According to Stewart and Goddard, the key to this collaboration is education. The Cisco report offers several recommendations for each of the seven risk-management categories. Some of the noteworthy recommendations include:
-- Conduct regular audits within organizations of attractive targets and evaluate the avenues that can be used to attack them. "Exploits are too often successful because of not following security basics: host-based intrusion prevention, patches and upgrades with security fixes, and regular audits," Stewart said.
-- Understand the notion that threats follow usage patterns. "Where the majority goes, attackers will follow," Goddard said. "Every time a new application or device enters the fold, new threats will emerge."
-- Change the mindset of employees, consumers and citizens who consider themselves innocent bystanders and empower them to become active influencers with shared ownership over security responsibilities. IT teams should help lead this charge, but it's not solely their problem.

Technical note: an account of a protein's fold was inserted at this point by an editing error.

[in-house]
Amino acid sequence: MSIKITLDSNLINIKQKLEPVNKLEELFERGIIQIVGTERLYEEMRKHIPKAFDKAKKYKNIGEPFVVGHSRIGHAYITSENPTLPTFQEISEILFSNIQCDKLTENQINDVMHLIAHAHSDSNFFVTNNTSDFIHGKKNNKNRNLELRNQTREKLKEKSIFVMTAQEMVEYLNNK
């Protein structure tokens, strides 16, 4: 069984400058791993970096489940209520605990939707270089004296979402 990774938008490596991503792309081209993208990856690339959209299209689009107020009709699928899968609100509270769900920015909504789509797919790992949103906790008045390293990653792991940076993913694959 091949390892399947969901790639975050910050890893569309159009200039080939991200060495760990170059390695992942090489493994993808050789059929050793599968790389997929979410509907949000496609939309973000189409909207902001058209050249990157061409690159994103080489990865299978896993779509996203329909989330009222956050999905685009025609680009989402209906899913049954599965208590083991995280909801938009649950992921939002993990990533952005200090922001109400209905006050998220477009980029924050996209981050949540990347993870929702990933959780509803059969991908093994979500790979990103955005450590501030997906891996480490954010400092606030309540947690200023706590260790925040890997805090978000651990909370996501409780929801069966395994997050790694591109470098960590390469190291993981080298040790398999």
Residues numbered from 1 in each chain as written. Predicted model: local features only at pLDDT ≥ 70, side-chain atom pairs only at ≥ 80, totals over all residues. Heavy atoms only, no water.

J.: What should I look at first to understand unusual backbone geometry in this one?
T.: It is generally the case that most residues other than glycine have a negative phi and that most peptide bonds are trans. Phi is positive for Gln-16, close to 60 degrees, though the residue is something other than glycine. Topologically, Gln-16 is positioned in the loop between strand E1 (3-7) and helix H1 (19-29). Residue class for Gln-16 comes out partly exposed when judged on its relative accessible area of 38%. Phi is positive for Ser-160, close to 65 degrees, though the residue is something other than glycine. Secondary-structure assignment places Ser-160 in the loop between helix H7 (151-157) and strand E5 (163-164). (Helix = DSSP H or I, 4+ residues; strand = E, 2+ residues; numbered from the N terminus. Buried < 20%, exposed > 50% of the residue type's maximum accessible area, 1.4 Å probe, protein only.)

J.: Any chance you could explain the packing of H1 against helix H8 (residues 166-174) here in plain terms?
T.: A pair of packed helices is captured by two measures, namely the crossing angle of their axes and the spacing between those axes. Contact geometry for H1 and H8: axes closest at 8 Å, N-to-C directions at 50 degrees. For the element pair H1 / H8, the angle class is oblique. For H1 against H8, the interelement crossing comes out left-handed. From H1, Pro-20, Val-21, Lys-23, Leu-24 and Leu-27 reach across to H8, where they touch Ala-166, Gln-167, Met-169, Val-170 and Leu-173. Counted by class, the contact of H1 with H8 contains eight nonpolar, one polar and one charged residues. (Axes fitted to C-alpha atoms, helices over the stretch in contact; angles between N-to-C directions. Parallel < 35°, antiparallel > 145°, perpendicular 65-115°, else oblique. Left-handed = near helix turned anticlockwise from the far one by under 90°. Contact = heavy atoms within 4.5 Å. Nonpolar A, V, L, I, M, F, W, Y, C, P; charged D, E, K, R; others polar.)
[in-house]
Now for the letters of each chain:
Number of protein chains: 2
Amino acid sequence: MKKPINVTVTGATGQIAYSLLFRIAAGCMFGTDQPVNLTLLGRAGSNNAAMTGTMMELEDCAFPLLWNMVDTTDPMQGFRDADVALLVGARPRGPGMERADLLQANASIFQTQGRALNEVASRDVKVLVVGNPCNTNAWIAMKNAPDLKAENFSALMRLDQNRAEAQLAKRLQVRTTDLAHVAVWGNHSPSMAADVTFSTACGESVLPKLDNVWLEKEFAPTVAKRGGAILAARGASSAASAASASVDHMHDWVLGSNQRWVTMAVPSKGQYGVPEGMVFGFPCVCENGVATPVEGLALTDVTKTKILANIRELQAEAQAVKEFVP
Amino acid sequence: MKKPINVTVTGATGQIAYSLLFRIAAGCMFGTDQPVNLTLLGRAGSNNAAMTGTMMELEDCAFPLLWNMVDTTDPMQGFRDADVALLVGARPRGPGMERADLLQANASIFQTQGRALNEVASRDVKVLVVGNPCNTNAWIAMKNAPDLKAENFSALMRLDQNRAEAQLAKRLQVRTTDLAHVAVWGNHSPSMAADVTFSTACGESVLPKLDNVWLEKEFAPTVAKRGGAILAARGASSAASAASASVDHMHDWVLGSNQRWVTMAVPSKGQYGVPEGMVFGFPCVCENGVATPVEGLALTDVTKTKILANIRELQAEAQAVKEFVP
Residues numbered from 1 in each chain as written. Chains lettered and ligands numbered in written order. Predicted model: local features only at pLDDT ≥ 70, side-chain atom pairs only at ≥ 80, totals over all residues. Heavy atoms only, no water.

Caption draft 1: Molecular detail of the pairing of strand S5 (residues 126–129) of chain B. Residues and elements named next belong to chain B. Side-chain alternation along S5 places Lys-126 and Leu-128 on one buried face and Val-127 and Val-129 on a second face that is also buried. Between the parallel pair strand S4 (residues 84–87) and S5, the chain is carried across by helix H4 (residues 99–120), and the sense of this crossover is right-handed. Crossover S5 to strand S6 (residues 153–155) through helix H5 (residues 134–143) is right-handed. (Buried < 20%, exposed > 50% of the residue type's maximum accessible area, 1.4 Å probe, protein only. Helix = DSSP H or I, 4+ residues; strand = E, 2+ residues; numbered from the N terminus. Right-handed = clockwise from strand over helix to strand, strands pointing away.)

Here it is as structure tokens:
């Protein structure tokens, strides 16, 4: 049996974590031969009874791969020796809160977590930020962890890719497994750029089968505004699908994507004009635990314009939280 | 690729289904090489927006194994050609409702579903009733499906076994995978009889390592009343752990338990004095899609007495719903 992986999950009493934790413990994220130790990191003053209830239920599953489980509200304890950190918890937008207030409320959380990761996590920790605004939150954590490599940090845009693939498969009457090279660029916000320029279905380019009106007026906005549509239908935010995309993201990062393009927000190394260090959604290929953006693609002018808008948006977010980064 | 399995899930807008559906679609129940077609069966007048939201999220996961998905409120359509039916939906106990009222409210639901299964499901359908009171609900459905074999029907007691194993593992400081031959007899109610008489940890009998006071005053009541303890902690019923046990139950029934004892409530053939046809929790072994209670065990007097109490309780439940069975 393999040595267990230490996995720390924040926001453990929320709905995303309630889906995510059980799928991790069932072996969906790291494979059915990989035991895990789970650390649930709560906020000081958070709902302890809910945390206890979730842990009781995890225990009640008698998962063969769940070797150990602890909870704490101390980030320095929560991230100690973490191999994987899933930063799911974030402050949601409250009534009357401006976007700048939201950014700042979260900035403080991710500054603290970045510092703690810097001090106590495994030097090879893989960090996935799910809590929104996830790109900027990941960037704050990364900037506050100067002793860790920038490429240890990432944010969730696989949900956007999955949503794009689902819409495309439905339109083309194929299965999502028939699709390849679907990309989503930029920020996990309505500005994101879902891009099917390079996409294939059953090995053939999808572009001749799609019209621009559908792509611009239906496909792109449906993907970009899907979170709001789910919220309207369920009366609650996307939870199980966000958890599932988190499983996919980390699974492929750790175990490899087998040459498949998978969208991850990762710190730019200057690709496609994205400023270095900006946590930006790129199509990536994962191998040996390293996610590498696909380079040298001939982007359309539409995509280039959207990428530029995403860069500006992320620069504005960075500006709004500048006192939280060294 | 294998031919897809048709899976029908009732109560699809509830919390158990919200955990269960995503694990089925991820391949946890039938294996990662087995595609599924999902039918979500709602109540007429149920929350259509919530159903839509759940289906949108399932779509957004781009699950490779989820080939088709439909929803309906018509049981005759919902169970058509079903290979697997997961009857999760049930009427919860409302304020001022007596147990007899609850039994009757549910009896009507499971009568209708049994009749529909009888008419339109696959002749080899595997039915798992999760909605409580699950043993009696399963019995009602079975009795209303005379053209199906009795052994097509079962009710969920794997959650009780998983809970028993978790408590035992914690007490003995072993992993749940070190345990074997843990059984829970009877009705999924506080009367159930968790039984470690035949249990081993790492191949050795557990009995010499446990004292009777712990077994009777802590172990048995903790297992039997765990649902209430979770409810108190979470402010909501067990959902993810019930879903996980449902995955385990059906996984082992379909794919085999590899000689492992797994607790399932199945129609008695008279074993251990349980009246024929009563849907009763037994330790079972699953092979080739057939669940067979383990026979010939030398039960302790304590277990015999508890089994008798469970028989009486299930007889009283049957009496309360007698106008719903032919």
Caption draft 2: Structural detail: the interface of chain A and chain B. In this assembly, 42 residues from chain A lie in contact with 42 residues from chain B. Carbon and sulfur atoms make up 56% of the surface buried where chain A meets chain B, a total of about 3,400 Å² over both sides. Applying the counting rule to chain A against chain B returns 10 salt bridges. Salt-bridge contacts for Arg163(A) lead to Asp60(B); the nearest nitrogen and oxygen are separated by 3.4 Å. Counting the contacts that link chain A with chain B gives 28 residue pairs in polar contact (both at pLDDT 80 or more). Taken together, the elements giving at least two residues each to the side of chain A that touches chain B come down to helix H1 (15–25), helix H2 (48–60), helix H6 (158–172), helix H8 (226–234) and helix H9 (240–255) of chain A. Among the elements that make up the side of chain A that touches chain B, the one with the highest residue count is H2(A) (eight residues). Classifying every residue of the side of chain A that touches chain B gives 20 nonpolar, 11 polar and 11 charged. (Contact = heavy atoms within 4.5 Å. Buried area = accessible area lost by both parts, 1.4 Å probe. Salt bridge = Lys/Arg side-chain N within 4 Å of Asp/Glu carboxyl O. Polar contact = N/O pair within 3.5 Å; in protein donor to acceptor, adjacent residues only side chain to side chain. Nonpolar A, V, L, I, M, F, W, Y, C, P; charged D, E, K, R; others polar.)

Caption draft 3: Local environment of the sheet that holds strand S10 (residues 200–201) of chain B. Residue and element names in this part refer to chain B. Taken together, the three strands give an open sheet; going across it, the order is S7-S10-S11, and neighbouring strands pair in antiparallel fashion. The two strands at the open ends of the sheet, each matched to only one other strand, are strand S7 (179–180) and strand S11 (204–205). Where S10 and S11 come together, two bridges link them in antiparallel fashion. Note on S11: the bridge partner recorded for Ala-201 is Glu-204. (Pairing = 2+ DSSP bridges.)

-- Make security education a priority. Businesses, security vendors, and government agencies need to invest in security education and awareness-building. This effort should include industry-wide collaboration among partners and competitors.
-- Institutionalize IT security education by incorporating it into school curricula.
-- Consider more than just performance when building a secure network. Focus on the network's ability to collaborate, inspect, adapt and resolve security issues end to end, from gateways and servers to desktops and mobile devices.
-- Security vendors need to provide comprehensive security solutions that extend throughout the network infrastructure, application mix and data itself.